On Losing Stephen
On Losing Stephen – A Sister Reflects on her Ministry as Hospital Chaplain
I trudged through the crisp January snow on route to the Haematology Ward in the Belfast Hospital for Sick Children, with the biting cold nipping my nose. When I arrived the warm blast of hospital air was most welcome. Heading towards Stephen’s room which I had done for the last thirteen months, I was stopped in my tracks by a nurse, saying,” Stephen’s gone home, Sister.” “Oh, that’s great news!” I replied. Her body language indicated that all was not well as she continued, “Well, they have stopped his treatment, the brain tumours are growing too quickly and the chemo is not working.” My mind flooded with thoughts of Stephen’s Mum and Dad. Images of Stephen flashed in front of me. Two years old, knowing little other than being violently sick from the chemo treatment through all those days, weeks and months, a small body limp and lethargic, spiking temperatures, the constant attachment of tubes and drips. “How do you put up with it?” I once asked his parents. “We don’t, Sister. He does. For us it is now a way of life.”
Too often I found myself standing at the “pier of life” throwing a life -line to Stephen’s parents, drowning in their sea of pain and hurt. The early diagnosis of his illness was like a storm that came unexpectedly. A human storm that bashed and battered their joy and flooded them with depression, anxiety and dread. Sitting with Anne and John was no mean task. Together we discovered that it was not the quantity of suffering but the seeming meaninglessness of the suffering that posed the deepest threat. The meaninglessness became the enemy that could not be understood. It stood as a challenge to all that we believed and understood of God. Looking at Stephen’s illness and disease, I might have seen only physical diminishment. Yet when I dared to look beneath, I saw it as something that taught me vulnerable lessons about waiting in darkness with hope and trust. I was quickly ushered into places of mystery. Leaning into that mystery of the unknown, waiting there, I glimpsed that in that fear of the unknown hid the promise of life. I waited patiently for understanding and clarity, as I lived with insecurity and uncertainty in the face of illness and death.
My journey with Stephen, Anne and John began thirteen months ago. It was often hard and anguishing to sit with Anne and John when they were angry at an illness slowly robbing their two year old son of life –equally hard when they were seething with resentment and struggling to forgive God. It was painful to watch them fight the inevitability of terminal illness and grapple to keep things just as they were instead of letting go, to struggle to keep control rather than to let life evolve. Stretched by my own sense of weakness and powerlessness, I was tested in my own belief of a God of love. I had no right answers. Here was a young life being cut short, a young couple in their anguish looking to me for some explanation as to what kind of God would do this or why this should be happening to their child? Victor Frankle said that “Anyone who has a why to live for can bear with almost any how.” Yet, I found it difficult as chaplain to help Stephen’s parents discover any meaning and purpose in their child’s suffering and indeed their own. I felt very uncomfortable not being able to answer these questions myself or ease their hurt and pain. I struggled before God, recognising in myself something of the same anger and brokenness as felt by Stephen’s parents. Despite the pervasive sorrow they experienced in letting him go day by day, their love was alive and pulsating.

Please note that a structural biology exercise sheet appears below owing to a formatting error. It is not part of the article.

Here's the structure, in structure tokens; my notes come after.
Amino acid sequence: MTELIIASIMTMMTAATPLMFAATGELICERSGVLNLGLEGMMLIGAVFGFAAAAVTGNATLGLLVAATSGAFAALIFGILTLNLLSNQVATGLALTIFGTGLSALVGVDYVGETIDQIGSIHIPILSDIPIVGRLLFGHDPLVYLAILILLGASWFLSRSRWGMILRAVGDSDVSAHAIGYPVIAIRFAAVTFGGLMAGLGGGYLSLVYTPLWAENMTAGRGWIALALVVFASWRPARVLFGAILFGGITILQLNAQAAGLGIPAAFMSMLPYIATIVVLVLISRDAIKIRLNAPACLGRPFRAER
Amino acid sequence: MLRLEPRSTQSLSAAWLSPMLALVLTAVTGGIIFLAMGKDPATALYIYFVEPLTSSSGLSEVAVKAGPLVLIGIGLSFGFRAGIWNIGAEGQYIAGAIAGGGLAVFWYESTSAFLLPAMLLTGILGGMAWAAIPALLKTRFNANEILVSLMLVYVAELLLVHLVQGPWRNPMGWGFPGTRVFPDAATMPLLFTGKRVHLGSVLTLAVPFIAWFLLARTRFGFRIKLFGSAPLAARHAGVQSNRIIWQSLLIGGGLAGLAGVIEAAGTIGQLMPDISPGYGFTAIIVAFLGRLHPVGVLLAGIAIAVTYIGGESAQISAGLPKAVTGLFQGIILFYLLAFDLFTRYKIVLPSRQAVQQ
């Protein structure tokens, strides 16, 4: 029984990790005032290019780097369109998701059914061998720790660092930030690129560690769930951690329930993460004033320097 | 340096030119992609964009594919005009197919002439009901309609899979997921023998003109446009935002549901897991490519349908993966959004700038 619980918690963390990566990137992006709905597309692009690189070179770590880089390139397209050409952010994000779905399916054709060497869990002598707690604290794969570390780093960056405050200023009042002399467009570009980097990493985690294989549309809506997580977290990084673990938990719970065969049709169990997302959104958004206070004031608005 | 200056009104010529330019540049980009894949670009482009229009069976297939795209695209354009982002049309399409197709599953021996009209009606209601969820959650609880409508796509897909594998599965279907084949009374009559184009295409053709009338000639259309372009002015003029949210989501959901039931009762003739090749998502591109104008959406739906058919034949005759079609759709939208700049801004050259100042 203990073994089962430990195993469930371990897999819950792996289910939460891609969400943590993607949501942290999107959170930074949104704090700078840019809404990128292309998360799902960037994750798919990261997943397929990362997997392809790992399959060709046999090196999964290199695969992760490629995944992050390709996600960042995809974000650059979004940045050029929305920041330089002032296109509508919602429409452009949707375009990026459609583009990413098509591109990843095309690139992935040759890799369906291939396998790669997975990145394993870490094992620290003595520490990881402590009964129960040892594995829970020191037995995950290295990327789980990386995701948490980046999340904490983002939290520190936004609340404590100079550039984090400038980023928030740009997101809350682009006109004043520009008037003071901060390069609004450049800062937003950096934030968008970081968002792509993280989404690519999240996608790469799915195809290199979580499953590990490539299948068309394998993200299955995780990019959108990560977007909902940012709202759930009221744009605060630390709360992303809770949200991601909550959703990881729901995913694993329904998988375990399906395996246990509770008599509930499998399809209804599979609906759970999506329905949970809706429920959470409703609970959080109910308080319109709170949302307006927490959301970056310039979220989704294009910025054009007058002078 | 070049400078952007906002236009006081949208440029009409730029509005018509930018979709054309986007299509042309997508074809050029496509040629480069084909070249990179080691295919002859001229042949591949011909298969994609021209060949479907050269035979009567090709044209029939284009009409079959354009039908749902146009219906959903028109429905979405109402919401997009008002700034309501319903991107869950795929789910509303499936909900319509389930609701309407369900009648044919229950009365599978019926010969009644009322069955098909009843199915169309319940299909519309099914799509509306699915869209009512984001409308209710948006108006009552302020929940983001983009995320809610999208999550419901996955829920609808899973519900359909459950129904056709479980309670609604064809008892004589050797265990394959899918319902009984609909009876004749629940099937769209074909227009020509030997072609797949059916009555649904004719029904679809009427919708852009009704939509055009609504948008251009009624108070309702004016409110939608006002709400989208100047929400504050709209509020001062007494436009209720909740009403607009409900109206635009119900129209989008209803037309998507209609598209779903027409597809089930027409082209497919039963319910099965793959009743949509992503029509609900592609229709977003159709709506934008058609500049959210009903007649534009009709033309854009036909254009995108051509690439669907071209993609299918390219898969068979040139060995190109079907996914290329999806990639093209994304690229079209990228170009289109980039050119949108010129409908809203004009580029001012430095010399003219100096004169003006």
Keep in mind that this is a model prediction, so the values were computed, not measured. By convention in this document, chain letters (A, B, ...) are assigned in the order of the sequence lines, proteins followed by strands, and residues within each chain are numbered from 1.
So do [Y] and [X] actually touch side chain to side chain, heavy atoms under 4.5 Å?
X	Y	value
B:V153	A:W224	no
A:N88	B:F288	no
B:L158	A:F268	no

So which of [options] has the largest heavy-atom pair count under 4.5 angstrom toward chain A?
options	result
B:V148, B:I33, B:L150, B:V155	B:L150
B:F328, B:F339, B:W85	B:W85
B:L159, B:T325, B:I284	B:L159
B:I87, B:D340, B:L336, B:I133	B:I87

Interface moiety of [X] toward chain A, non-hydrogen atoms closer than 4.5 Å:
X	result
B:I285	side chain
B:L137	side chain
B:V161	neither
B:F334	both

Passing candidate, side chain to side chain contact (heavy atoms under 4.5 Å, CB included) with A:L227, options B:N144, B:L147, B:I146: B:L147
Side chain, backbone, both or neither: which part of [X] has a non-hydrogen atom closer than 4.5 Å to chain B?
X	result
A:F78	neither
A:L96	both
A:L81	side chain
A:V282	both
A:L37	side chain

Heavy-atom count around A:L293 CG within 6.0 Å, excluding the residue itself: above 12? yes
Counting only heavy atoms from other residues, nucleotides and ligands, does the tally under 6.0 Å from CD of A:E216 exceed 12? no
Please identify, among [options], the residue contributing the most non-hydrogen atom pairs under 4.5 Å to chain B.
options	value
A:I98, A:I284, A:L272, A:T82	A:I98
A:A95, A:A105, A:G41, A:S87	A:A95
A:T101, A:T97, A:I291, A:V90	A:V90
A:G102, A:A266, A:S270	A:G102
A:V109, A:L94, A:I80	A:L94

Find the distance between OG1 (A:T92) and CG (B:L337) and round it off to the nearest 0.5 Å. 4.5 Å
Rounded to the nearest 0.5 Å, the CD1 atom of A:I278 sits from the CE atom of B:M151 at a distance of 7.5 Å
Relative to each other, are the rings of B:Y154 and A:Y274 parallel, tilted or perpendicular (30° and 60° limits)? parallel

Searching for the love and mercy of God in the face of Stephen’s illness and inevitable death, it was his parents who gifted me with the meaning of God’s compassion. They taught me how to listen to life hidden in the dying, how to face the painful reality that nothing lasts for ever, and how to recognise that everything flows into something new. They became the bridge reaching between me and the God I called “Mercy”. They taught me what it was to move from resistance and bitterness, to trust in the mystery, as they came to discover that it was this mystery which was at the heart of the process. It was so easy and comfortable for me to voice platitudes about death being an integral part of the Mystery of Life, about death being woven into the fabric of the universe. As they clutched onto the hope of treatment after treatment with such a tenacious grasp, I was challenged by their courage to stand strong and maintain a positive outlook. Even though they felt afraid, broken- hearted and abandoned, hope seemed to keep them going, a hope that is not optimism but an elusive value. They were witnesses to me of a hope that comes into play when things seem hopeless, when we can’t see events clearly but hold onto something that keeps us going. When all appeared to have been snatched cruelly from them, hope seemed to rise up within them. Their courage and endurance reawakened my sense of hope. In Stephen’s parents I found a hope that is the kind caked in mud and held with gritted teeth. They convinced me that God finds us in the ruins of our lives.
Within their storms I saw in Anne and John the hidden mystery of human care and concern, the power of faithfulness, generous help and compassionate understanding. They recognised that what truly counts in one’s life is finding new courage in learning to let others be a support to them. It was really humbling to discover that the roles were reversed. Instead of me ministering to Stephen, Anne and John, they ministered to me. They were the true bearers of God’s Word to me when I was swept away, pulled out of my customary comfort and into places where I did not plan to go.
Stephen died on January 21st, 2011. May he rest in peace.